Soon to be "Dr." Melissa Marotta joins me to discuss the findings of a study she created:

Are There Psychological Effects of Heart Rate Monitor Use During Exercise?

Biofeedback, the process through which individuals learn to direct their physiological responses by being presented with precise, rapid measurements of heart rate, body temperature, and even neural and muscle firing patterns and being taught to link these changes with their thoughts, emotions and behavior, is consistently supported in the medical literature for the treatment of anxiety, depression, migraine, cognitive and attention disorders, sleep disorders, and other conditions. Through biofeedback, people are taught that they can control their physiological states via diaphragmatic breathing and other mechanisms, and learn how to do so through self-correction.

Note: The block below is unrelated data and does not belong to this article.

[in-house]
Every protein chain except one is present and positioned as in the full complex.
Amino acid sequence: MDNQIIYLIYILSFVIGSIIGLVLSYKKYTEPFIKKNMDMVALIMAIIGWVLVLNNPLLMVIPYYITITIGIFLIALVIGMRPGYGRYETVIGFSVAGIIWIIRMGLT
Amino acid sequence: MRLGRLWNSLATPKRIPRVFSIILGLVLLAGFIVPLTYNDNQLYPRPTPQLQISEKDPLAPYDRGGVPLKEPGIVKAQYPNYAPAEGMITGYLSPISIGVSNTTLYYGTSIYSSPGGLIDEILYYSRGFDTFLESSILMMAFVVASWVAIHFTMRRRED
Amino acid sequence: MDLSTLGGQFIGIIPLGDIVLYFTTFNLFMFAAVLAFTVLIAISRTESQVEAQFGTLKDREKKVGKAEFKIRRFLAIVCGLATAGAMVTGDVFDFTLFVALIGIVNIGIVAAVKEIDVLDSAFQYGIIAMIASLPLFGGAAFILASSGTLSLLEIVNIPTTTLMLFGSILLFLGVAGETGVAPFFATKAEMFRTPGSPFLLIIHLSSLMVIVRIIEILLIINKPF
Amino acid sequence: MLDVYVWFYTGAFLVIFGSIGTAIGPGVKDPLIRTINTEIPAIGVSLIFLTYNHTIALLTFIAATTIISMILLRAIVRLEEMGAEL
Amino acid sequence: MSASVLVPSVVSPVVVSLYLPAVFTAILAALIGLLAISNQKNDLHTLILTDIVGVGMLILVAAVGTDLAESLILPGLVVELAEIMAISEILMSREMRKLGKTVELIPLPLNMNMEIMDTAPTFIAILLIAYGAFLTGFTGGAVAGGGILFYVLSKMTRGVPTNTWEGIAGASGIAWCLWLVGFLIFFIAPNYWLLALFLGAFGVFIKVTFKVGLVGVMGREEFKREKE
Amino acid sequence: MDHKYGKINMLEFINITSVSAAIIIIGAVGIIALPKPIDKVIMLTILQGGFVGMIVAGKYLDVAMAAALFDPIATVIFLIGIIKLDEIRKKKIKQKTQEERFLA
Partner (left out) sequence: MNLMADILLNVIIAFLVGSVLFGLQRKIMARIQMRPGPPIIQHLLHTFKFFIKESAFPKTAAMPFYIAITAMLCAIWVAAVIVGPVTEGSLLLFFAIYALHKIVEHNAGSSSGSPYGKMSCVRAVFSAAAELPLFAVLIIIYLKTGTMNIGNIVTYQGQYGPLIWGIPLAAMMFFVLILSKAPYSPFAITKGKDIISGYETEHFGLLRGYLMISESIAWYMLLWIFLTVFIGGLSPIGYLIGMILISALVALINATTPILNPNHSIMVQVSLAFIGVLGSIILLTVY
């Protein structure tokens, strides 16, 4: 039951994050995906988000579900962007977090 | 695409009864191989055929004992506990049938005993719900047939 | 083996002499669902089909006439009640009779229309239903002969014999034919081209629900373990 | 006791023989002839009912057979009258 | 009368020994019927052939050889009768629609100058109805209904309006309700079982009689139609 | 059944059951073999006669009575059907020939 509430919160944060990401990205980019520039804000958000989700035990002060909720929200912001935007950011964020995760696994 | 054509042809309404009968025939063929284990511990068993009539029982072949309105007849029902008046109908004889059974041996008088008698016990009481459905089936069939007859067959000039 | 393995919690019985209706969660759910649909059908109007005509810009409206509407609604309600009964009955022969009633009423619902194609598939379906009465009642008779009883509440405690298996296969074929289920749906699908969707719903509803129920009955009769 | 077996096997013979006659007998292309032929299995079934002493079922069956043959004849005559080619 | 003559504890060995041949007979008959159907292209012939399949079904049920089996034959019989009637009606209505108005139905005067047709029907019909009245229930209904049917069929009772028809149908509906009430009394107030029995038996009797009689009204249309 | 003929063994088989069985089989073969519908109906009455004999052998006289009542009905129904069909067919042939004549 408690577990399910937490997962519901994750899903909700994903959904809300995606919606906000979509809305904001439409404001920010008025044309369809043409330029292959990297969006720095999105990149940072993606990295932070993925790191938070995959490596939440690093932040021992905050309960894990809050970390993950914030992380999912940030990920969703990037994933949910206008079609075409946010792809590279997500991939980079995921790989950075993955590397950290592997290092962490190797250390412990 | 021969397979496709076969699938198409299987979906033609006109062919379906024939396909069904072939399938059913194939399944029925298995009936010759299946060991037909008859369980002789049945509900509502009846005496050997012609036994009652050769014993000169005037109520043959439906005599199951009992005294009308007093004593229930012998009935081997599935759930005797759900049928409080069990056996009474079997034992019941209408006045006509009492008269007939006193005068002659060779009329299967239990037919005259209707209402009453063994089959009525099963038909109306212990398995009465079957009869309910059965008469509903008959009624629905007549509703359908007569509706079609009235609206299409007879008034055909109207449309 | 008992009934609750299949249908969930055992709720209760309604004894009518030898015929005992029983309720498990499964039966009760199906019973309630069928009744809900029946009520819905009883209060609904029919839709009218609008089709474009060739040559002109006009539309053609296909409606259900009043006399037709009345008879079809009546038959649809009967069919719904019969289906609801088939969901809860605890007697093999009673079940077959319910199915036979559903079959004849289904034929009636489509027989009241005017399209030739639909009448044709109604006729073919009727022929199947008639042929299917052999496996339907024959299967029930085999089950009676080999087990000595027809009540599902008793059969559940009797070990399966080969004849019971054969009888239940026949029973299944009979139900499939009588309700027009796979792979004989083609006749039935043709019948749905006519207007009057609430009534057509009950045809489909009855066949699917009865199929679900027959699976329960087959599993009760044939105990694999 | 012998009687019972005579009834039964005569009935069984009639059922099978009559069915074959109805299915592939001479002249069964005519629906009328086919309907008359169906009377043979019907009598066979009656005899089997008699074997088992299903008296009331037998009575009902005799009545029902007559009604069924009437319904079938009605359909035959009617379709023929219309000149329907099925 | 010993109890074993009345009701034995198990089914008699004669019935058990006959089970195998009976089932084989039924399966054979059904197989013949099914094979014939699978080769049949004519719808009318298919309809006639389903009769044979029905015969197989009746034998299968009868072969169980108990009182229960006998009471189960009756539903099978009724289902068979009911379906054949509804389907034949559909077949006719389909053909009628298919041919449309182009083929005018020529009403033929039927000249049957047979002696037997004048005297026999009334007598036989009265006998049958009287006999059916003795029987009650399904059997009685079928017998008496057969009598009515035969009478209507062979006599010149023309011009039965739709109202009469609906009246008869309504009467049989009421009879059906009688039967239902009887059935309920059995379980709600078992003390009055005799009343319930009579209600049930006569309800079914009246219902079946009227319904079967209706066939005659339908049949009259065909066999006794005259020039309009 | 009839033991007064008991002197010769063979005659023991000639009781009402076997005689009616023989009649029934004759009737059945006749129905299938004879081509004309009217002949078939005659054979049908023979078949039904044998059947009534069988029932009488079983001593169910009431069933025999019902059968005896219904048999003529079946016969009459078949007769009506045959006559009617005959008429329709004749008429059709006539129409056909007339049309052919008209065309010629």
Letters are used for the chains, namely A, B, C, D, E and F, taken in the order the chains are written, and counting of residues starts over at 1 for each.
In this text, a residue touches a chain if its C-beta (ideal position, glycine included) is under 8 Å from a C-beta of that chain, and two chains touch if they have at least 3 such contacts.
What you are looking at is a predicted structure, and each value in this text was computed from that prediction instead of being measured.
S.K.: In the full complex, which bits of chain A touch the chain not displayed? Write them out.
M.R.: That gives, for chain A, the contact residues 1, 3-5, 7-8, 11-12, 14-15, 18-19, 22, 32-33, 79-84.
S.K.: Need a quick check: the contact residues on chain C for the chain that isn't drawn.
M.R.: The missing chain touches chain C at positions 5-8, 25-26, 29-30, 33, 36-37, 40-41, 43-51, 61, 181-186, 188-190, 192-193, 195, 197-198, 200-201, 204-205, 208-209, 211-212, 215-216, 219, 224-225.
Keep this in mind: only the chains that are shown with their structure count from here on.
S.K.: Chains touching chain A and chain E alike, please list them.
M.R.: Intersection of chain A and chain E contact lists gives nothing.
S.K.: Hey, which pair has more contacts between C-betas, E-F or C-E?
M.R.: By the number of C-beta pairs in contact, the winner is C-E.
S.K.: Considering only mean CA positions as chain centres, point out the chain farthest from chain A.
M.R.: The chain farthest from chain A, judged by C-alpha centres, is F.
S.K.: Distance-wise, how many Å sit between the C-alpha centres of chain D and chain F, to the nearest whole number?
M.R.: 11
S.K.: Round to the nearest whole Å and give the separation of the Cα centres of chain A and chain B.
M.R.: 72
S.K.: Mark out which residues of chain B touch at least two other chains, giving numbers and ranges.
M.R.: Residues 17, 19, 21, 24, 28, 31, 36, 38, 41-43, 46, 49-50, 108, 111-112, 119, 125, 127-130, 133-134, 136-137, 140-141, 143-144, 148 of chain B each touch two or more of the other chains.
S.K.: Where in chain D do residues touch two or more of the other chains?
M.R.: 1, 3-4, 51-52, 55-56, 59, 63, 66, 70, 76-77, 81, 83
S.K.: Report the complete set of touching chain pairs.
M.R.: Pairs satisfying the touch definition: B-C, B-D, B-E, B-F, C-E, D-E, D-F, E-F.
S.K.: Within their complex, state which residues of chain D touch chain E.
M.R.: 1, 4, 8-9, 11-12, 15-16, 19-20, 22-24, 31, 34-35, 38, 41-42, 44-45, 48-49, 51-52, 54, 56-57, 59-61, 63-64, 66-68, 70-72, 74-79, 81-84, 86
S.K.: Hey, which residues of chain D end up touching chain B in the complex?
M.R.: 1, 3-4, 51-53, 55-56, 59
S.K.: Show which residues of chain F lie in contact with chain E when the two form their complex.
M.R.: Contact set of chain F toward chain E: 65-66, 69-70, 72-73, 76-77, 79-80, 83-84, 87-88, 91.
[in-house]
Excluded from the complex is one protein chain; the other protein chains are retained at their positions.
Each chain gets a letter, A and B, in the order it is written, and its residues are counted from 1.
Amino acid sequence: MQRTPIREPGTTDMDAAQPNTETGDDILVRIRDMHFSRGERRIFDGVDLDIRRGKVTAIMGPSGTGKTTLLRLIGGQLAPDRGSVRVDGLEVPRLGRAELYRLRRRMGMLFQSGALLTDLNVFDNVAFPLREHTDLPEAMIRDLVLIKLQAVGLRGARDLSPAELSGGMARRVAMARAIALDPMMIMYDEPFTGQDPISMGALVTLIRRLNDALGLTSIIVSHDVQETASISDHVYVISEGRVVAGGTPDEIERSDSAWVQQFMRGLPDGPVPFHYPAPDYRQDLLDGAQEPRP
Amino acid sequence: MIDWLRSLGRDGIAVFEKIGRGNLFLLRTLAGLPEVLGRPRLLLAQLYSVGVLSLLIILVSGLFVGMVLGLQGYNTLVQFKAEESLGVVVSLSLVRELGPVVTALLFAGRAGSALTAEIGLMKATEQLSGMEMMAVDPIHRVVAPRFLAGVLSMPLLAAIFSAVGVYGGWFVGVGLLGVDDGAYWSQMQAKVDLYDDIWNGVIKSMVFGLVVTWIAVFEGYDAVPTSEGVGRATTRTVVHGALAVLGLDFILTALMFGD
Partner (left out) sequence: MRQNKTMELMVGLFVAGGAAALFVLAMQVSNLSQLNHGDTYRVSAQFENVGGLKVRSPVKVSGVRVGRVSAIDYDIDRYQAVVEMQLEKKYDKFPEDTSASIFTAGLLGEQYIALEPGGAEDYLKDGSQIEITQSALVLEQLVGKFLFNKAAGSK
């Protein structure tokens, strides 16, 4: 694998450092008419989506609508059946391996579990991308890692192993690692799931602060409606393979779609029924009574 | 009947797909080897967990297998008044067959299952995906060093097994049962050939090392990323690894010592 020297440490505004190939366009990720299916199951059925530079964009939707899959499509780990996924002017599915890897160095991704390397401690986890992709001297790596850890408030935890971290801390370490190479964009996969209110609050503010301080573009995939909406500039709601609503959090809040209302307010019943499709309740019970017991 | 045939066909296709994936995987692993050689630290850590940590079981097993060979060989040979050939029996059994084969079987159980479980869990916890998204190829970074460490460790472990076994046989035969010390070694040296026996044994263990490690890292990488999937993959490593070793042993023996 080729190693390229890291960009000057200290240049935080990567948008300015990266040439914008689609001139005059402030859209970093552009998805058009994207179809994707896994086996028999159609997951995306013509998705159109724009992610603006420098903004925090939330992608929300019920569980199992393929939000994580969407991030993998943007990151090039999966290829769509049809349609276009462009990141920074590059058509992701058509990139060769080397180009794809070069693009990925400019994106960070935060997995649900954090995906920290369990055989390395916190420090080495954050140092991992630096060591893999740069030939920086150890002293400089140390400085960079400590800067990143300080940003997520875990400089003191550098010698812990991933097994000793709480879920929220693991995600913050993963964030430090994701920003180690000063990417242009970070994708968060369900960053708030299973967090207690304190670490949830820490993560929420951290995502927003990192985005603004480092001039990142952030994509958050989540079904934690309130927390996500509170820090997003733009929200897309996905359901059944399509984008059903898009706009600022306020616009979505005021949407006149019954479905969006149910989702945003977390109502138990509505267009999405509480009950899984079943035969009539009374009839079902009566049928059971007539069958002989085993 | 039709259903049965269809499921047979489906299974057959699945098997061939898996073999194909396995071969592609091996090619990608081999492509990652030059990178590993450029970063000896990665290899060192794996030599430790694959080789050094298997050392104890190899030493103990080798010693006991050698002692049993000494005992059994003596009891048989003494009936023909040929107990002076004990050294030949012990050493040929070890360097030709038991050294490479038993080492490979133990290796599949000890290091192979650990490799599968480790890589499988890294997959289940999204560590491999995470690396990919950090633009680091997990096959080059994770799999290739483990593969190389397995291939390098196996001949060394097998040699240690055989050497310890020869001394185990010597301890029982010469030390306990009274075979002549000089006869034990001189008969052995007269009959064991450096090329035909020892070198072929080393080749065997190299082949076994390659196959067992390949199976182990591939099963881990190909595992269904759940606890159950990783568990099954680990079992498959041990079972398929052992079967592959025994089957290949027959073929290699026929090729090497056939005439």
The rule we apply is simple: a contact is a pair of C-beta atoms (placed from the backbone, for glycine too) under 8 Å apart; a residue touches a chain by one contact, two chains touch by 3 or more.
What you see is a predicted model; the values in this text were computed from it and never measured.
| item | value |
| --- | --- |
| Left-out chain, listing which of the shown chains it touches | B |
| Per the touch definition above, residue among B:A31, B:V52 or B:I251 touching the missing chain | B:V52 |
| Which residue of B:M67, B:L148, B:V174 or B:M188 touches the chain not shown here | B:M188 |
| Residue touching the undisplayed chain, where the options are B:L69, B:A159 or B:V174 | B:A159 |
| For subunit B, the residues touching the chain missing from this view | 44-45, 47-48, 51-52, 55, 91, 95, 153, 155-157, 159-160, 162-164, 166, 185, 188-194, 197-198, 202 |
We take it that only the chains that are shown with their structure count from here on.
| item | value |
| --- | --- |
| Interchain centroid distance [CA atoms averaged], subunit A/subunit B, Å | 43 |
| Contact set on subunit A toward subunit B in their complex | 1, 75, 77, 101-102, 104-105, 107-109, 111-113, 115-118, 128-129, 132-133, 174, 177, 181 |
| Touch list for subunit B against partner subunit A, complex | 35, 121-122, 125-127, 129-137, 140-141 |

This is the same concept that coaches and trainers use to teach athletes to direct their heart rates during training.

It stands to reason, therefore, that use of a heart rate monitor during exercise may achieve similar results to the heart rate component of biofeedback.

The present study seeks to explore:

1 ) Are there psychological effects of heart rate training — both that relate to exercise, and that apply to non-exercise(specifically relating to self-concept, self-confidence, and coping mechanisms)?

2 ) Are there specific ways that coaches and trainers can incorporate cuing language to reflect the potential psychological benefits of heart rate training?

I feel this information will be be of value to anyone wanting to improve the percentage of Heart Rate monitor usage in their classes.

UPDATE 12/17 2013 - now Dr. Melissa Marotta Houser (she also got married) has expanded her research on this subject and has published the results of her study; Exercise Heart Rate Monitors for Anxiety Treatment in a Rural Primary Care Setting.


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